Vulnerable witnesses in Wales, Manchester and East Anglia can pre-record cross-examination evidence from today, as the government promises to make the option available in all Crown courts by the end of the year.
Some 62 Crown courts in England and Wales now allow vulnerable individuals to pre-record evidence to avoid the stress of addressing a full courtroom, the Ministry of Justice said. Cross-examinations are video-recorded as close to the time of the offence as possible, and defence and prosecution lawyers, the judge and the defendant are present in court during the pre-recording.
Vulnerable witnesses and victims are defined as all child witnesses under 18 and any witness whose quality of evidence is likely to be diminished due to a mental disorder or physical disability, or their intelligence and social functioning is significantly impaired.
The decision to pre-record evidence is made by judges on a case-by-case basis and since February 2020 more than 300 recordings have taken place across England and Wales.
Justice minister Alex Chalk MP, said: ‘The court process can be extremely traumatic for vulnerable victims and is vital we minimise the stress on them where possible. This technology ensures they are protected and able to give their best possible evidence, without reducing a defendant’s right to a fair trial.'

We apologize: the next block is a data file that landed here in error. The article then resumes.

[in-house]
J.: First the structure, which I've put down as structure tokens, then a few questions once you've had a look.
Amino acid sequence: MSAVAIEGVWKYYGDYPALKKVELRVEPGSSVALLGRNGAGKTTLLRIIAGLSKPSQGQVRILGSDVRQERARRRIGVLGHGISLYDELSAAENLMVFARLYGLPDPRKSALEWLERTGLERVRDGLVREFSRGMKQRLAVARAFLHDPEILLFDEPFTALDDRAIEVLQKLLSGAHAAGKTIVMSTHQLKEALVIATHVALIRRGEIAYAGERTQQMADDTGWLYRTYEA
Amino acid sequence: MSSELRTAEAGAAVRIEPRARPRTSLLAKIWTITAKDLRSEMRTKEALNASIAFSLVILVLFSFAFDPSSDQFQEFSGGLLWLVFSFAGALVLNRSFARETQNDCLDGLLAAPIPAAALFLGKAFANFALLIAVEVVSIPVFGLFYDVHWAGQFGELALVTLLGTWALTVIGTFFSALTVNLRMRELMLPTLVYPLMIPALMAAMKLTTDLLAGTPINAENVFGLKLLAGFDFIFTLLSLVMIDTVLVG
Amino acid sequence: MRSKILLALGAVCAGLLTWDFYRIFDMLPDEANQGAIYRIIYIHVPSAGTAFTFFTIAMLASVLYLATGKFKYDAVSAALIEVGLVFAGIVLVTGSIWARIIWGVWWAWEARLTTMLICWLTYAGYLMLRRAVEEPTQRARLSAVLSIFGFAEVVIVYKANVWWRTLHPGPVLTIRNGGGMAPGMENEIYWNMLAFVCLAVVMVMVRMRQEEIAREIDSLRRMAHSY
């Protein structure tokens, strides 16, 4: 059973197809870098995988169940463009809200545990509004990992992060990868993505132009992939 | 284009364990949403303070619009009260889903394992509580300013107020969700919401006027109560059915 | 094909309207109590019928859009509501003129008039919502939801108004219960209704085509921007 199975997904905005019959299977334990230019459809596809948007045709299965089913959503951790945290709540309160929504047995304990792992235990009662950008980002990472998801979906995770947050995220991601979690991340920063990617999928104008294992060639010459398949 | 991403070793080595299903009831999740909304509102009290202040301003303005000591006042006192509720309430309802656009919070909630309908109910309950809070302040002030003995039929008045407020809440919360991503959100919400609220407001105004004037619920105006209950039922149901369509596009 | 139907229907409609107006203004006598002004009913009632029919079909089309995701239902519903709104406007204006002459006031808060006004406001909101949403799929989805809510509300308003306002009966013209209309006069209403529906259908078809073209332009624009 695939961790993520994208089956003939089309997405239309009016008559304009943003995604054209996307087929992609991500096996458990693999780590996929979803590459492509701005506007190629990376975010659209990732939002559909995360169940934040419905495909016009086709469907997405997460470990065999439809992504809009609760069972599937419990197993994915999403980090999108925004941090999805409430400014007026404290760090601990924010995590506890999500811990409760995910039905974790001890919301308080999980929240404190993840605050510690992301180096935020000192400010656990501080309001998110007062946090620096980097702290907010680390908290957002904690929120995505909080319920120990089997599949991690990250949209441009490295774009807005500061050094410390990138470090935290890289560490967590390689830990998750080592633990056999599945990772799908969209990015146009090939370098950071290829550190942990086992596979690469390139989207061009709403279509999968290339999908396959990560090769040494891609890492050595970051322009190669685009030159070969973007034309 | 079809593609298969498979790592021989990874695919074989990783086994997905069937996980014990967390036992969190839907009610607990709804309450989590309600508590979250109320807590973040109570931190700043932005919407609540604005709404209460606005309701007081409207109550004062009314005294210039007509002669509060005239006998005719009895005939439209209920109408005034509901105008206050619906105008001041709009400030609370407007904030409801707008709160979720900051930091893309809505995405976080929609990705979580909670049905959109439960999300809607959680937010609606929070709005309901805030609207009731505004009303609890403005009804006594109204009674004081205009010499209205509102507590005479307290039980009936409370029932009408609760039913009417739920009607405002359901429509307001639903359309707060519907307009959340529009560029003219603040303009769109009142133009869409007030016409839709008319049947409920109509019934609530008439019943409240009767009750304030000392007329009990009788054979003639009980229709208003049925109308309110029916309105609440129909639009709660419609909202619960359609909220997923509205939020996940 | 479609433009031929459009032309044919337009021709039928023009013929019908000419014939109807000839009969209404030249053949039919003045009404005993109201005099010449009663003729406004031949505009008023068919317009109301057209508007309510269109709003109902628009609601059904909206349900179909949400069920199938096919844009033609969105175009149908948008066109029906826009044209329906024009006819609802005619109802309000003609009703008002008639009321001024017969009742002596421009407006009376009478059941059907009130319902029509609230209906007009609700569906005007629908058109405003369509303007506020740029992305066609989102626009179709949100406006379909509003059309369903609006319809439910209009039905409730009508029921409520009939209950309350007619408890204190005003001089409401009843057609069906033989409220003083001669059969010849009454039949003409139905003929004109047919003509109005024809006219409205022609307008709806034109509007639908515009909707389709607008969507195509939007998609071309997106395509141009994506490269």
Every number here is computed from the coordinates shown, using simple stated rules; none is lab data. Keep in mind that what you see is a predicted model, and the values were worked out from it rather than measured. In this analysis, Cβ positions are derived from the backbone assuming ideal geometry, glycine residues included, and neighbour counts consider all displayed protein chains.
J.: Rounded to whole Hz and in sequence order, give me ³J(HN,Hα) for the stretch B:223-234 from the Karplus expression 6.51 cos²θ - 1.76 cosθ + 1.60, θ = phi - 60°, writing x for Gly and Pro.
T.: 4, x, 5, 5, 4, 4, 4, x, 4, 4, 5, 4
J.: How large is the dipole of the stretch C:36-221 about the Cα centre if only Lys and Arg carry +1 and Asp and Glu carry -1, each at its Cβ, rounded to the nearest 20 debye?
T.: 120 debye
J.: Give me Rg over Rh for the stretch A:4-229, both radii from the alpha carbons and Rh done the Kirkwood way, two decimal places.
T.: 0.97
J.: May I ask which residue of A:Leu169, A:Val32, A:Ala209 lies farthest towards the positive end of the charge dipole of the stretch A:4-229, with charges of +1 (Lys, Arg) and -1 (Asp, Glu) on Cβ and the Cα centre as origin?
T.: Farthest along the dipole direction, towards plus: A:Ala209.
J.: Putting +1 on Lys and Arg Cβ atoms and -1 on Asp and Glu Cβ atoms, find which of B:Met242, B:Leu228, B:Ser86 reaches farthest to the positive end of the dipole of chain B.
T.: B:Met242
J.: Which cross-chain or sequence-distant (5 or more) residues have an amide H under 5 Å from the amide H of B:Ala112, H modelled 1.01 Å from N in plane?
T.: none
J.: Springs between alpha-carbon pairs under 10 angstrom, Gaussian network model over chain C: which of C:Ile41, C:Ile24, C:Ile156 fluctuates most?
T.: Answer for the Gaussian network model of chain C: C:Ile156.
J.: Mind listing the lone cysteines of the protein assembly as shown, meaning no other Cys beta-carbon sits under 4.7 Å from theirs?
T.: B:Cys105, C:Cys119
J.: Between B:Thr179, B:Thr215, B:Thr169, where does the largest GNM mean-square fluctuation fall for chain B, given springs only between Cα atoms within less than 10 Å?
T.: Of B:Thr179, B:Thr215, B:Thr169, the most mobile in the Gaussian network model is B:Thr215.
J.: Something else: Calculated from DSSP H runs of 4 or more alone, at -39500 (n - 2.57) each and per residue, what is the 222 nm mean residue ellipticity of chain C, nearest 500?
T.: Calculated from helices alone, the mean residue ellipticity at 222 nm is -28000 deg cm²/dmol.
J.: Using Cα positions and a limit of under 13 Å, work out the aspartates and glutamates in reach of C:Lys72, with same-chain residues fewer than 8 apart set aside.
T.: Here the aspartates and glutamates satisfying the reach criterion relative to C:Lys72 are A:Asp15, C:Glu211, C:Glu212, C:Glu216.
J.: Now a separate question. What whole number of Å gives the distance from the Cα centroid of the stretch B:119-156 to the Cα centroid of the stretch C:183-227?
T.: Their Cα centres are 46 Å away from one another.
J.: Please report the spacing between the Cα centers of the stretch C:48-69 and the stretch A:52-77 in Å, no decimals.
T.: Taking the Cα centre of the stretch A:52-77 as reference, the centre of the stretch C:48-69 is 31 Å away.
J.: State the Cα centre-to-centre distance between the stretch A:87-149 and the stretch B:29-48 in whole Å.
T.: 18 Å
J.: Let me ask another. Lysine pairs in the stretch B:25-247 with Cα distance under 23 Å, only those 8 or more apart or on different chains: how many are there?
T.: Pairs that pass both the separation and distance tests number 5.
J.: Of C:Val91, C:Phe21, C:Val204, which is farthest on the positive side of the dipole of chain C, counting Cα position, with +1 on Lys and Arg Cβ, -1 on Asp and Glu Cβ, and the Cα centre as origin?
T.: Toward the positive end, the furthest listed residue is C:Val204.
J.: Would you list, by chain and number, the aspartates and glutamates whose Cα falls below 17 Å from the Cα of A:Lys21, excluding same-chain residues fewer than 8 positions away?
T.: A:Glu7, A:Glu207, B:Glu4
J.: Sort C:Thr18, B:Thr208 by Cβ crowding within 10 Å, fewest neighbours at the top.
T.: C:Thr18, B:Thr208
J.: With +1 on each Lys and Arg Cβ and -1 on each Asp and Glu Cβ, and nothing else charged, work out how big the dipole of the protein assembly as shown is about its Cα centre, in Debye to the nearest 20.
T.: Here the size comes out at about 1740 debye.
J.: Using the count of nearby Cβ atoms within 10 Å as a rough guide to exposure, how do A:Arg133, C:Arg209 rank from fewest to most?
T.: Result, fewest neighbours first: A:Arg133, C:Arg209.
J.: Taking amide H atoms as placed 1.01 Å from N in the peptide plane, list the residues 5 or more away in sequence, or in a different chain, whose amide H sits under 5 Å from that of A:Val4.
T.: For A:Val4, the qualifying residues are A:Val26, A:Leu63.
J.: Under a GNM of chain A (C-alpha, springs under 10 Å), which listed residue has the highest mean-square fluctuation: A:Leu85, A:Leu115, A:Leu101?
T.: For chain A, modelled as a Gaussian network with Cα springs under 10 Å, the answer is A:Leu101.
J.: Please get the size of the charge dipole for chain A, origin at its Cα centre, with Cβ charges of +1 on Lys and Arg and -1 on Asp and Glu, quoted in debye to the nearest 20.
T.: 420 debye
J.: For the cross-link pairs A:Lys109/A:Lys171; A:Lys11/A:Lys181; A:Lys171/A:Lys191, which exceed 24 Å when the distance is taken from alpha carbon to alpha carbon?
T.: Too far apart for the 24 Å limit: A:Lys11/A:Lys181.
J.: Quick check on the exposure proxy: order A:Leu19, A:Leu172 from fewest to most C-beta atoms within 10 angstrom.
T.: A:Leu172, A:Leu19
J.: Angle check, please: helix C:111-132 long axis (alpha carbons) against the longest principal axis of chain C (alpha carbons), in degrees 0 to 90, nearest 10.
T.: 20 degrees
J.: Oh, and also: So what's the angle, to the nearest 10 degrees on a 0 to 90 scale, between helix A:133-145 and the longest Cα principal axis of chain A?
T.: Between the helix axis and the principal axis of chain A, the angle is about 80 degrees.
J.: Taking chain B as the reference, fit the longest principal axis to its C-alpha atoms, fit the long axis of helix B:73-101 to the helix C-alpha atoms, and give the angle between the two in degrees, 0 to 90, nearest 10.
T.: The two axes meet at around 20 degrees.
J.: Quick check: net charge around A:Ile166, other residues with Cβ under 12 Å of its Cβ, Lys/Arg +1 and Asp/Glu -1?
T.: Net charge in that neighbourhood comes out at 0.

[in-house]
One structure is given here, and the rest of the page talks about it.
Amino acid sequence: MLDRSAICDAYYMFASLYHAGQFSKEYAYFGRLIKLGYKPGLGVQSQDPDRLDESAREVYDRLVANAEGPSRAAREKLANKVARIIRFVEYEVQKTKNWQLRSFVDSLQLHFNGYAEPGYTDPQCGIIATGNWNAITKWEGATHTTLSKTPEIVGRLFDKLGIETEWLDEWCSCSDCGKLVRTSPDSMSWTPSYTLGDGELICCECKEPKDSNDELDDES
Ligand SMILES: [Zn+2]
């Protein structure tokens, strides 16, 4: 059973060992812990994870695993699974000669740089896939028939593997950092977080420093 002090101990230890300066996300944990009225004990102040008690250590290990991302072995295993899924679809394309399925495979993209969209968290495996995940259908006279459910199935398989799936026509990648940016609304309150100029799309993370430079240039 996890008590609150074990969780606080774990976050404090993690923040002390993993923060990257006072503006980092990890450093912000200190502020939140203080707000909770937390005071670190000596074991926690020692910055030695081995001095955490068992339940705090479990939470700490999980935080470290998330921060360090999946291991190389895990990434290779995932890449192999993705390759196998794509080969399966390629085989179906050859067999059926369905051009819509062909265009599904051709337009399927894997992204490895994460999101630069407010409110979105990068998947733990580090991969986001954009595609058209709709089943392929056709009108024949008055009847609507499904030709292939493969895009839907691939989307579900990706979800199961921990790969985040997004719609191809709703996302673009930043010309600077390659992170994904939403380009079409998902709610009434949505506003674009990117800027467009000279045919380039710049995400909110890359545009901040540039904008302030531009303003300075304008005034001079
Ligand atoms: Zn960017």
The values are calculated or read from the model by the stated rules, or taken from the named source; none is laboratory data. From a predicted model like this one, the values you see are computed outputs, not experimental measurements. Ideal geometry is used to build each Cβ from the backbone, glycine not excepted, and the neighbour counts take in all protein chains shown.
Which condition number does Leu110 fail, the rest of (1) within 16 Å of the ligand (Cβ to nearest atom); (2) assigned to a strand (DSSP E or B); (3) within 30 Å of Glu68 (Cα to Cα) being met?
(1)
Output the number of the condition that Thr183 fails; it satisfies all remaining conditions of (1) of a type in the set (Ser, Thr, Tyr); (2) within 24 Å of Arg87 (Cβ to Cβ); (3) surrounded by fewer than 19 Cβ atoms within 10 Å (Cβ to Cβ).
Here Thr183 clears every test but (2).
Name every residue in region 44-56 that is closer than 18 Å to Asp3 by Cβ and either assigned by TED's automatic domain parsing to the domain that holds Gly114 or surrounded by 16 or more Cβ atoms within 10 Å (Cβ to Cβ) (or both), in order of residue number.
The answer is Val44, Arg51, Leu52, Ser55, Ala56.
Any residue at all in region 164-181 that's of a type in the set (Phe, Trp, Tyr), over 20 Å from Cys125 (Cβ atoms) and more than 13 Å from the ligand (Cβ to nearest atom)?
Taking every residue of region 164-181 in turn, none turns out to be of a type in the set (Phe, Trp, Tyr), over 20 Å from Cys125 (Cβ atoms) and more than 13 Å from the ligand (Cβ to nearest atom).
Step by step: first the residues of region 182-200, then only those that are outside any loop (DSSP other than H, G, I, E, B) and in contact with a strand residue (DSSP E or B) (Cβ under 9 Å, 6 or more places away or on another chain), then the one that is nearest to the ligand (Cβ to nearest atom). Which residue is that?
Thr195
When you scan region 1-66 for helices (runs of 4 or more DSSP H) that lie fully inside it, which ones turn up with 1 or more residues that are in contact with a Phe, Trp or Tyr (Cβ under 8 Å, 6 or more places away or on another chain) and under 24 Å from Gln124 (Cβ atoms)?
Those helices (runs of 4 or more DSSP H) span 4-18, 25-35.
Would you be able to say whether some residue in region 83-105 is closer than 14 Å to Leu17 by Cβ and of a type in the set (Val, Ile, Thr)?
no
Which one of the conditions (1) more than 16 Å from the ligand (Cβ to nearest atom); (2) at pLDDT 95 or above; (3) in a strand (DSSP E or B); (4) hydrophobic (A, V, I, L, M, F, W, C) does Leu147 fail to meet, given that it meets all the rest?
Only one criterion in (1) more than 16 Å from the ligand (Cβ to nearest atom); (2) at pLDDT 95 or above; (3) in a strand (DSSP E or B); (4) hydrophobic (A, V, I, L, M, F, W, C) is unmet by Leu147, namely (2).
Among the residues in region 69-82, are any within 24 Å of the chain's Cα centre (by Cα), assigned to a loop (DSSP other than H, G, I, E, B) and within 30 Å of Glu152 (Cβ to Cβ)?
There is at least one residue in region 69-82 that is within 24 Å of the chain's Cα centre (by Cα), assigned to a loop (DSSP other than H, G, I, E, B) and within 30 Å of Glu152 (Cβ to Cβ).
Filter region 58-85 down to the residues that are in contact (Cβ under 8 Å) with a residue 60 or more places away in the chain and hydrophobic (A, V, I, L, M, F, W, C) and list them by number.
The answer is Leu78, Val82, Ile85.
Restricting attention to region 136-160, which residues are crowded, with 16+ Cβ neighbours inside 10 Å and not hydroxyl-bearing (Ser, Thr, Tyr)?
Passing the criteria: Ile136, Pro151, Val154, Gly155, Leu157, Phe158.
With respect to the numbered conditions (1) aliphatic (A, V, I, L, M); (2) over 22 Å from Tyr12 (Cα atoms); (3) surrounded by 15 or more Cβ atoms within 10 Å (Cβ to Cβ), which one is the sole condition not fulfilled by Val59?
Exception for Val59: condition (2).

The Ministry of Justice is also piloting a scheme which allows alleged victims of sexual and modern slavery offences to pre-record cross-examination evidence. In Leeds, Liverpool and Kingston upon Thames, witnesses who feel intimidated in cases relating to sexual and modern-day slavery offences can record their cross-examination evidence before trials start. A decision on wider rollout will depend on the pilot's outcome.